Interviewer:     So you moved all around the peninsula? Where did you sleep and how did you eat? Tell me about those stories


Roy Cameron: Okay mostly because we were traveling we ate C-rations. Because I had a jeep, we could heat them up on the radiator, so we had warm food.

Interviewer:     Lucky you

Roy Cameron: Yeah

Interviewer:     Where did you sleep?

Roy Cameron: We slept in the sleeping bags or if we could we would try and find an encampment nearby and stay there.


If we were gone more than a day

Interviewer:     So in the sleeping bag you mean in the land or –

Roy Cameron: Yes right out in the open. There was another occasion that I remembered When there was refugees coming down and in the midst of refugees was eight men in white robes marching in formation.


So we got our rifles out, we were wondering what should we do. Should we defend ourselves, should we shoot or what?

Interviewer:     Were they refugees?

Roy Cameron: No. I’m sure they weren’t. Not eight man marching in formation mixed in with the refugees.

Interviewer:     But they were not in uniform?

Roy Cameron: No. White robes. So they looked straight tahead and they kept marching and we let them go by.


Interviewer:     Must have been dangerous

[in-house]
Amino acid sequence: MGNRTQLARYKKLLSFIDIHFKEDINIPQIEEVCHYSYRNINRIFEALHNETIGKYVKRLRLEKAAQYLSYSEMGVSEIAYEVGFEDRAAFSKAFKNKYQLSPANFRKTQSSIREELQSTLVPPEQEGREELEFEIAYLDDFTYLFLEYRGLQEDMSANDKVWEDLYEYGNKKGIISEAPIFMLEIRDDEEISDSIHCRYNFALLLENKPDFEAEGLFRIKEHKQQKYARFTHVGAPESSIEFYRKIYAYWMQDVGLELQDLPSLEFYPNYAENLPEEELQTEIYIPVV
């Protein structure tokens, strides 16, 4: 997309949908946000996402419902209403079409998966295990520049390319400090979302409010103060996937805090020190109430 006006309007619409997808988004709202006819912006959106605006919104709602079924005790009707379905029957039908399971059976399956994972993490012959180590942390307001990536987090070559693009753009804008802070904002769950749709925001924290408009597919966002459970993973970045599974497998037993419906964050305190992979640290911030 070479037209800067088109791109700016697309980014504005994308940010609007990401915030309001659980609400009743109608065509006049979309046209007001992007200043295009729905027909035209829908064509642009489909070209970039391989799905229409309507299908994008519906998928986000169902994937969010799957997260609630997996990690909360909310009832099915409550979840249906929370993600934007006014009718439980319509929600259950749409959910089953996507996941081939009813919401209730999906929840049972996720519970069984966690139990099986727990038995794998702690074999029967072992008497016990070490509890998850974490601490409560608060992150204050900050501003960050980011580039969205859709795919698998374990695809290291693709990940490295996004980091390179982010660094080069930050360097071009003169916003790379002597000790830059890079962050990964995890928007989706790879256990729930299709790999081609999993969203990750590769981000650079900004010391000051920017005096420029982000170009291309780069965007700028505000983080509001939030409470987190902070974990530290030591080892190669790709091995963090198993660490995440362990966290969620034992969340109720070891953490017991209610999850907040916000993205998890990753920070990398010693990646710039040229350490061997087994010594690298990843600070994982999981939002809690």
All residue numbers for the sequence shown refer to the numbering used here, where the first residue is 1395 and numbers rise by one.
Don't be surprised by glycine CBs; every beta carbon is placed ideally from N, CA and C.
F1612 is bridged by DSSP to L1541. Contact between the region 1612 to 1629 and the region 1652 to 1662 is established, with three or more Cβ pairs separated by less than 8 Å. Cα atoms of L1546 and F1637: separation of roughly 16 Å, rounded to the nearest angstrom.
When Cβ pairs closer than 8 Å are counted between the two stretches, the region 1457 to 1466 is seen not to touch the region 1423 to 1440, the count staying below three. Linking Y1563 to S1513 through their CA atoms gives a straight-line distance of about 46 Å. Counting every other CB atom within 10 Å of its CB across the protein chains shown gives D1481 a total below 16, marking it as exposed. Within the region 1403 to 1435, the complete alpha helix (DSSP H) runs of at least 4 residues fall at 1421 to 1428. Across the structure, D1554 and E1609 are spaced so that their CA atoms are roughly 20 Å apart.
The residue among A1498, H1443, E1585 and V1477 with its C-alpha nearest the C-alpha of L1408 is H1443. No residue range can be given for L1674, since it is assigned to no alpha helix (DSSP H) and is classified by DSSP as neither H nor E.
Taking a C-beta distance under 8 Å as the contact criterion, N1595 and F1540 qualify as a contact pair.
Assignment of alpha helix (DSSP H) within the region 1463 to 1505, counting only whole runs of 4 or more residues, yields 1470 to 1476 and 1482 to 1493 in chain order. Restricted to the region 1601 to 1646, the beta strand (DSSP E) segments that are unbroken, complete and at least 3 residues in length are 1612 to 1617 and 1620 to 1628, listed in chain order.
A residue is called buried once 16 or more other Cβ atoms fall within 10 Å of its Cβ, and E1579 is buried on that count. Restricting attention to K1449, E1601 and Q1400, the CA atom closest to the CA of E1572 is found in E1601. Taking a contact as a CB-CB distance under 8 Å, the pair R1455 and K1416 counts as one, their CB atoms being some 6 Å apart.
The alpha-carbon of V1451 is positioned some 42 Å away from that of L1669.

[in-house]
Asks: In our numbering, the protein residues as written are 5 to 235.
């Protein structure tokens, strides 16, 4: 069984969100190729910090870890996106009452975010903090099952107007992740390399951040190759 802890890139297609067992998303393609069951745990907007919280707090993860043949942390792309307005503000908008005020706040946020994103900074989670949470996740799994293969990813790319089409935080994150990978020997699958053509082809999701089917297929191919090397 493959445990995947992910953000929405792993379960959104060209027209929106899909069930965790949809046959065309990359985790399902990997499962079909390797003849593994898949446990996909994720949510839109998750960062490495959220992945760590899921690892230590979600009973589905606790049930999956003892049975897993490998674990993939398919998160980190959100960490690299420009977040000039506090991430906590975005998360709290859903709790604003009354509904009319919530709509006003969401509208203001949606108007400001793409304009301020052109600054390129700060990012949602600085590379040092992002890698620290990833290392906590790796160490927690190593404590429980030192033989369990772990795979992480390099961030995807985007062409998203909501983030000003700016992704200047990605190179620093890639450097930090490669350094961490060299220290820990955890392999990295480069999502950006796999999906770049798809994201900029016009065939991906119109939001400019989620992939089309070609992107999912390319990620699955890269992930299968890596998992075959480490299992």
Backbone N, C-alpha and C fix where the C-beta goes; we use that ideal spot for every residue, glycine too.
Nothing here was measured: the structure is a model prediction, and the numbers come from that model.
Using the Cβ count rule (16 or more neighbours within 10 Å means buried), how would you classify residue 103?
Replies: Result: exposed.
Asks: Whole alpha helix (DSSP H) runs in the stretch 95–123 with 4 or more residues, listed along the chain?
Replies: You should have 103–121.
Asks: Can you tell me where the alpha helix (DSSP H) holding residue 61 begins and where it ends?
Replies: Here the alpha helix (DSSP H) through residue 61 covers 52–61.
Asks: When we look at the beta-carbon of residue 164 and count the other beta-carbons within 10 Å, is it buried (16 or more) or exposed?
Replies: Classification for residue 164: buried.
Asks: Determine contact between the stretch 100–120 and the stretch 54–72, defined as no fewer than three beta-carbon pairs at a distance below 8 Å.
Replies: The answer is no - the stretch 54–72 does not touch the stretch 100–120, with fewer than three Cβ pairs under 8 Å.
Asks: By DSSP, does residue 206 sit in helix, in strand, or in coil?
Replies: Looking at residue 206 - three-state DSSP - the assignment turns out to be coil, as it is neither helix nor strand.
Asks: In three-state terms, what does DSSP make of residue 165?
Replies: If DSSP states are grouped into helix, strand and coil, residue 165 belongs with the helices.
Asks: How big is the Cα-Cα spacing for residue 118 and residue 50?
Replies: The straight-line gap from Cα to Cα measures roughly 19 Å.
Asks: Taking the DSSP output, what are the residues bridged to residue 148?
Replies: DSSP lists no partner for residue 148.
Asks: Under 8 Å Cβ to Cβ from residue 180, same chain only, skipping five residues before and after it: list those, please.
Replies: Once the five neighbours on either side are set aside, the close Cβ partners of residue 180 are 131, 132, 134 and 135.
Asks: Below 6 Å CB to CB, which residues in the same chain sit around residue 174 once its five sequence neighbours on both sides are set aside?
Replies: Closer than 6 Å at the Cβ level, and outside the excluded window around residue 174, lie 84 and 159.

Roy Cameron: Yeah. Oh and on another occasion there was a Korean wedding going on

Interviewer:     Really? During the war?

Roy Cameron: Yeah

Interviewer:     Are you sure?

Roy Cameron: Yeah.  And there was singing and dancing, very entertaining. And overhead there was a dog fight going on. All of a sudden there was an explosion and parts of a plane rain down on us. Of course we heard later that the Russians were flying MiGs


Interviewer:     When? You’re talking about spring of 1951?

Roy Cameron: Yeah

Interviewer:     Dogfighting there?

Roy Cameron: Yeah

Interviewer:     Where was it?

Roy Cameron: Well that would have been north of Daegu, Daejeon


Interviewer:     It’s so funny that there was a traditional marriage going around. I cannot believe it.